You are here
The resistance of gram-positive pathogens to currently available antibiotics has increased at an alarming rate, while the development of new effective agents has not kept pace.1 In response to this critical global concern, the Generating Antibiotic Incentives Now Act, part of the Food and Drug Administration Safety and Innovation Act, was signed into law in July 2012 to expedite the development of antibacterials.1 Under this legislation, oritavancin (Orbactiv, The Medicines Company) was designated as a qualified infectious disease product and given priority review by the Food and Drug Administration (FDA).1 It received FDA approval in 2014.
Oritavancin is a new-generation lipoglycopeptide indicated for the treatment of adults with acute bacterial skin and skin structure infections (ABSSSI) caused by susceptible organisms, including Staphylococcus aureus (methicillin-susceptible [MSSA] and methicillin-resistant [MRSA] strains), certain Streptococcus species, and Enterococcus faecalis.2 It is a bactericidal agent that exhibits concentration-dependent activity.2 Trials to evaluate the use of oritavancin for other complicated infections, such as bacteremia and osteomyelitis, are currently being conducted.3,4 Two additional second-generation lipo-glycopeptides—dalbavancin (Dalvance, Allergan) and telavancin (Vibativ, Theravance Biopharma)—have also been approved by the FDA.1 This article will focus on oritavancin.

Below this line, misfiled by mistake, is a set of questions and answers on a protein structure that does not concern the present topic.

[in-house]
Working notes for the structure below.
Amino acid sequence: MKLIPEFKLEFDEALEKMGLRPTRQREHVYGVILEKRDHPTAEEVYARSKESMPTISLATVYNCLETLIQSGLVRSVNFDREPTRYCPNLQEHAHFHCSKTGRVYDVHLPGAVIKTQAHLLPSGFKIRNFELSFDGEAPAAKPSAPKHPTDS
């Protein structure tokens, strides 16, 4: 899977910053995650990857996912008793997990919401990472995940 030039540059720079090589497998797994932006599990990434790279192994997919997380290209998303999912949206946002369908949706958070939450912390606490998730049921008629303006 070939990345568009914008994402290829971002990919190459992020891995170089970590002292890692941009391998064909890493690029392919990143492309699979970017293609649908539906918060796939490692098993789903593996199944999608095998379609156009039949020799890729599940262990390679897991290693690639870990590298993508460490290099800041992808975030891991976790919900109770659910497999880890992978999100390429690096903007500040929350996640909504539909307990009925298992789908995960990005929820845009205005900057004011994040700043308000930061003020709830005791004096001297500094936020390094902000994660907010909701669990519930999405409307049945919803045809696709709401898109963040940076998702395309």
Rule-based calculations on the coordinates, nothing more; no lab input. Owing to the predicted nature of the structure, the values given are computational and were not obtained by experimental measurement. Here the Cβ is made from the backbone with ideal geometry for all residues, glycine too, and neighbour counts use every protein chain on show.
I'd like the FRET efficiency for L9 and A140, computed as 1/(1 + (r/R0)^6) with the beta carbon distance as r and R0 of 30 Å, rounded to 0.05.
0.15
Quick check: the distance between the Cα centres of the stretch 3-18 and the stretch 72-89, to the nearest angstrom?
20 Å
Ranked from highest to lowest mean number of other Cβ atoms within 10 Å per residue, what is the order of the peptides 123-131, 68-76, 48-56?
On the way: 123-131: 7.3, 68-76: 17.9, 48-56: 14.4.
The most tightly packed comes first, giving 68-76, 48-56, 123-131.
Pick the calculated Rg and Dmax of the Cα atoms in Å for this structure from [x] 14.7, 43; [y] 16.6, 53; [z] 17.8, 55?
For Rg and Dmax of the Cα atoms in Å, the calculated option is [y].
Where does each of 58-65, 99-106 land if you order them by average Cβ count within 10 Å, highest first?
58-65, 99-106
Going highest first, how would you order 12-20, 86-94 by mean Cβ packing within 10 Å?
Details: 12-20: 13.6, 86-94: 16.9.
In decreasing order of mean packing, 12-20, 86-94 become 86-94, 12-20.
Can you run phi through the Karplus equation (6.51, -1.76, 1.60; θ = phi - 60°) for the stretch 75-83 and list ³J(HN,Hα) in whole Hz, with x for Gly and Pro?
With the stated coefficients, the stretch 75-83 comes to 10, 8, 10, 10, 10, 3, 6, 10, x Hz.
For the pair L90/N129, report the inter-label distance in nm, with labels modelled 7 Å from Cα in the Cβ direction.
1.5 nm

Oritavancin, a second-generation, semi-synthetic lipoglycopeptide, is derived from chloroeremomycin, an analogue of vancomycin.5 Similar to vancomycin, it contains a core heptapeptide; however, its unique lipophilic side chain provides oritavancin with a prolonged half-life compared to the parent drug.3,6 Oritavancin also offers enhanced coverage against vancomycin-susceptible enterococci, vancomycin-resistant enterococci (VRE), and vancomycin-intermediate and vancomycin-resistant staphylococci due to its N-alkyl-p-chlorophenylbenzyl substituent on the disaccharide sugar, allowing binding to a secondary site on the peptidoglycan layer called the pentaglycyl bridge.3 The drug’s chemical structure is illustrated in
Mechanism of Action